Spring barley crops have brairded well and for the most part, Scottish crops have had just enough moisture in contrast with some patchier crops south of the border. Early drilled crops are well tillered, although some are a little pale but should green up nicely after rain.

Disease risks at these early stages of spring barley growth are fairly low but with grain prices and establishment costs high, managing disease in a targeted way is clearly important. T1 fungicide applications are preventative and designed to keep the crop clean until the more critical T2 application, where the main aim is protecting against ramularia.

In a dry season and in more resistant varieties, then a T1 fungicide can often be insurance but if the weather turns wet there is a greater risk that rhynchosporium creeps in. Rates of fungicide can be lower than in the winter crop and a low rate mix of an azole and SDHI mix will give a broad spectrum of activity, as well as also helping to reduce the risk of resistance developing in target diseases.

Late tillering up to the start of stem extension is good timing for first fungicide applications – the crop grows so rapidly that waiting until the crop is extending means that it will be a very short period until the more critical T2 fungicides at booting to ear emergence can be applied.

Ramularia risk this year will depend on environmental conditions between brairding and ear emergence, and if it is warm and wet the risk increases. But another important driver of ramularia is stress. Some of the stresses to spring barley crops are unavoidable – for example, flowering or bursts of sunshine – however, complex tank mixes are one example of an avoidable crop stress. Herbicides, trace elements, fungicides and growth regulator might be part of the planned inputs but try to avoid six and seven way mixes and separate out into two passes if necessary.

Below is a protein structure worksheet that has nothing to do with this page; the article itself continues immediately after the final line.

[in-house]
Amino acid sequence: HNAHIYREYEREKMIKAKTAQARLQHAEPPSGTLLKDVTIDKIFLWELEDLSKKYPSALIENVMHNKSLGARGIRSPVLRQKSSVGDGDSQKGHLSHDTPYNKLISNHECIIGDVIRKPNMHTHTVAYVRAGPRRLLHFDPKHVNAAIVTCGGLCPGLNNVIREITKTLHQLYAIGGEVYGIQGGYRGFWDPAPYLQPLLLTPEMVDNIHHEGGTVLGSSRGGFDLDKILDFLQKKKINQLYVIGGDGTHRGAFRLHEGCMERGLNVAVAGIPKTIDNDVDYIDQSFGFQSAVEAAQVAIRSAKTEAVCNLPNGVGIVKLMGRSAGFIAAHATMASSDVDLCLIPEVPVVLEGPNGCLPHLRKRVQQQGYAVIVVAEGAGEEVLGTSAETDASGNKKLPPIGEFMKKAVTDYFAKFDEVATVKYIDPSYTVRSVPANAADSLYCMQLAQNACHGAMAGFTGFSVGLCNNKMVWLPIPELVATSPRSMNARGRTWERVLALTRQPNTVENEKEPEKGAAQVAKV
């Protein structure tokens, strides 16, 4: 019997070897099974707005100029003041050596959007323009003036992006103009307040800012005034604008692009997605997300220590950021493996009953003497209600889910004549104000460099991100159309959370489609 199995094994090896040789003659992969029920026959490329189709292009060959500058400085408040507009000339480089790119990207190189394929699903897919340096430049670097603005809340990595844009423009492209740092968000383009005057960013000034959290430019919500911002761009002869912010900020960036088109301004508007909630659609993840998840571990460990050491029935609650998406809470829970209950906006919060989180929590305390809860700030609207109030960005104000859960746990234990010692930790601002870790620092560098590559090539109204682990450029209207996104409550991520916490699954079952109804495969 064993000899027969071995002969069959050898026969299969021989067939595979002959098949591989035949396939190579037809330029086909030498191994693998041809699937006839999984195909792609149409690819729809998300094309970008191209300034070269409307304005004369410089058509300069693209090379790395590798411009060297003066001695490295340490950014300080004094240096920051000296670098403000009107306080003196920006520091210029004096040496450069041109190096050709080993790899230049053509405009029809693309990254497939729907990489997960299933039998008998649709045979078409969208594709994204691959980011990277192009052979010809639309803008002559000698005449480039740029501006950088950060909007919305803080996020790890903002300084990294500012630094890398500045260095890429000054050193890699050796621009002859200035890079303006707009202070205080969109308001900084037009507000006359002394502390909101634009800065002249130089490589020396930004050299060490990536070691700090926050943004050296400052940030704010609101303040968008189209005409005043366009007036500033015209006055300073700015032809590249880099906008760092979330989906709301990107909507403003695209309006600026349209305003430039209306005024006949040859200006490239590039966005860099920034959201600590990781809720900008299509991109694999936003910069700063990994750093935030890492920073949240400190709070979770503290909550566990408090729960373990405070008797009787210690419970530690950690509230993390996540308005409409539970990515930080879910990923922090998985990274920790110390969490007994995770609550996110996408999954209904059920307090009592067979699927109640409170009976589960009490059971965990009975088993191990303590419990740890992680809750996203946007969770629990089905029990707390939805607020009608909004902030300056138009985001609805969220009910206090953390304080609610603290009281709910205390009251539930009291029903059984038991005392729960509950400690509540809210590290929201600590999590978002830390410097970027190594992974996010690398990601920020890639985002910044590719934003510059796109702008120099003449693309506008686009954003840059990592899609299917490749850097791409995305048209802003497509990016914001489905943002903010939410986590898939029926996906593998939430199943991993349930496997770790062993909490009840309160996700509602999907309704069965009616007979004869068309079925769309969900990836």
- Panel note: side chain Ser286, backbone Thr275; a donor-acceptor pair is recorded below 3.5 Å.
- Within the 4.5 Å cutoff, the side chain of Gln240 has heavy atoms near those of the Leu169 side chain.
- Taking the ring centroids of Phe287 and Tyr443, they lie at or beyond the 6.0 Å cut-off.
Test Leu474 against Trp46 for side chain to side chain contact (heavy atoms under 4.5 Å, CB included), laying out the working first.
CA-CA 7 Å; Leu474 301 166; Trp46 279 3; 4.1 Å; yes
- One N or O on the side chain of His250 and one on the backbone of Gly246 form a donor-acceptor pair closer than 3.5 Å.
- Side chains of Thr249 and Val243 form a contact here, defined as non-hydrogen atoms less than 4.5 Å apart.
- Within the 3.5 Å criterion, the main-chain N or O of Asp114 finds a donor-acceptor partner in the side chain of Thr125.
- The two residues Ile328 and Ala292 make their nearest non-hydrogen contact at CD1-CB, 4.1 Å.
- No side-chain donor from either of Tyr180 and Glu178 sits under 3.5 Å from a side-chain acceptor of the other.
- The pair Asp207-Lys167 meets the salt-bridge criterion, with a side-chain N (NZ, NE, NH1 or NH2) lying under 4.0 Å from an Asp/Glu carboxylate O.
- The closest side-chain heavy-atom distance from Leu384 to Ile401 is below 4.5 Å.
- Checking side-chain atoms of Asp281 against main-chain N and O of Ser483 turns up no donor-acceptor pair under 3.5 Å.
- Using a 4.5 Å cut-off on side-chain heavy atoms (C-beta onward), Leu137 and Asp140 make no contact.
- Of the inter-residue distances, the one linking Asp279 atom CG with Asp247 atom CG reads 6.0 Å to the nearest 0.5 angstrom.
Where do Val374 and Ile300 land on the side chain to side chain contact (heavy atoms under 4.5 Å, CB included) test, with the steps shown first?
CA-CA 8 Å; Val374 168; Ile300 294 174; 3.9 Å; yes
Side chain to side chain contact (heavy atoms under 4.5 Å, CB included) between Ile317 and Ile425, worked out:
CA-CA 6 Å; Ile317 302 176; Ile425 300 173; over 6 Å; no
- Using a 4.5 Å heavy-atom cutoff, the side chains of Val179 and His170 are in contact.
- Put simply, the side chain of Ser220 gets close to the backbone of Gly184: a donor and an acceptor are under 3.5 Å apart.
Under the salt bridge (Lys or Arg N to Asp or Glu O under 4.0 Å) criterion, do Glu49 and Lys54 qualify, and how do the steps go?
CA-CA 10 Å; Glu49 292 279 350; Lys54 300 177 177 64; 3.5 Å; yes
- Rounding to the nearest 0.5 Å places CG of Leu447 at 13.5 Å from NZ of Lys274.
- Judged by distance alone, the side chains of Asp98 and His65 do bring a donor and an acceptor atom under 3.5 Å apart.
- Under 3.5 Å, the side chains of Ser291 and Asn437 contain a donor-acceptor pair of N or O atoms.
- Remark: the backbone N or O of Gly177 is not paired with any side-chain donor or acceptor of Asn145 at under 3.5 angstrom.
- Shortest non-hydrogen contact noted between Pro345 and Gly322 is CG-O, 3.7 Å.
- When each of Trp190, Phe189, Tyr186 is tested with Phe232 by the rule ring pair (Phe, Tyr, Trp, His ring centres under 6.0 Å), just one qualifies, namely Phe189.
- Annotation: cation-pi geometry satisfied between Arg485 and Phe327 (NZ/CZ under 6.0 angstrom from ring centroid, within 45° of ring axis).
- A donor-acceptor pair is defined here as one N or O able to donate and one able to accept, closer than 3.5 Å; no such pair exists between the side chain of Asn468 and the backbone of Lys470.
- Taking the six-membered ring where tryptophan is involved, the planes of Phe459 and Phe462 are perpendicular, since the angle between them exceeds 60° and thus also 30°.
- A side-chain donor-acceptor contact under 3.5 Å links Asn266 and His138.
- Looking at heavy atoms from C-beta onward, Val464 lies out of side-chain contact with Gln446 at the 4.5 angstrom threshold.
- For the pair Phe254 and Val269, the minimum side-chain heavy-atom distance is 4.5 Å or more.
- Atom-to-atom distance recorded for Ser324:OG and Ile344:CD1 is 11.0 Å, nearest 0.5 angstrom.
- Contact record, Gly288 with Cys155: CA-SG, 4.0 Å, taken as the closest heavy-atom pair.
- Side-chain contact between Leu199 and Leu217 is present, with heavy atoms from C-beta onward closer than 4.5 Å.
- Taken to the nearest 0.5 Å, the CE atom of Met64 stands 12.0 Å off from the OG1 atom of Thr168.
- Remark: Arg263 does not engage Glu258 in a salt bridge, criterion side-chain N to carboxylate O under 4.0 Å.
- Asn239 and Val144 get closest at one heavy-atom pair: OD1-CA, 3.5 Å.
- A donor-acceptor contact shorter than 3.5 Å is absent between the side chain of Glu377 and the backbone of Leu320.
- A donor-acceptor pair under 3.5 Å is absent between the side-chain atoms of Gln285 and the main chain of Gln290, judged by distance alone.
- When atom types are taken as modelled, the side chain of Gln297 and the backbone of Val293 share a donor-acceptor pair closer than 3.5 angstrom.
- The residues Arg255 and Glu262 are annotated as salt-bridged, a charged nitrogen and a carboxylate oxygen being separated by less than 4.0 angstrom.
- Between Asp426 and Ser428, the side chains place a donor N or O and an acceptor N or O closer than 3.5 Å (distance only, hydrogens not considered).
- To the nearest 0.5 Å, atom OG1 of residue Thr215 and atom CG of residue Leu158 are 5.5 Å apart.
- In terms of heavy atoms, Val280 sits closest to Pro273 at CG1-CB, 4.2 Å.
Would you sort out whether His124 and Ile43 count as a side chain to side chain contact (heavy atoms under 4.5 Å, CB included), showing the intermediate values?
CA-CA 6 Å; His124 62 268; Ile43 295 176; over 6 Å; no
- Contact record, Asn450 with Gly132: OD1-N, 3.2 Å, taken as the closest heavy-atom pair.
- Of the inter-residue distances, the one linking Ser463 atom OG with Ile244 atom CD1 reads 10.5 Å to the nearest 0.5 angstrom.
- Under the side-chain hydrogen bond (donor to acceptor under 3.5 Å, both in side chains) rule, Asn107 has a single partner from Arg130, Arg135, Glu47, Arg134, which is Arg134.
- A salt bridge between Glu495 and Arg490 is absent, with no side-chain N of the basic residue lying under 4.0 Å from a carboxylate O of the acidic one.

Ramularia has a bad track record of developing resistance to fungicides and at the moment we are reliant on azoles. Prothioconazole has some efficacy as does mefentrifluconazole, which dominates in trials. Using these in mix with a strobilurin or SDHI will help to manage other foliar diseases, which is important but will not help much with the ramularia which is widely resistant to those actives.

Relying on a single active is never great and so the big debate is around the addition of the multisite fungicide, folpet, in support. Although trial results are inconsistent, it does best when used in otherwise robust programmes so adding to T2 treatments is an option and using it at T1 and T2 may be merited where there is a strong history of ramularia on the farm, or if the season pans out as high risk.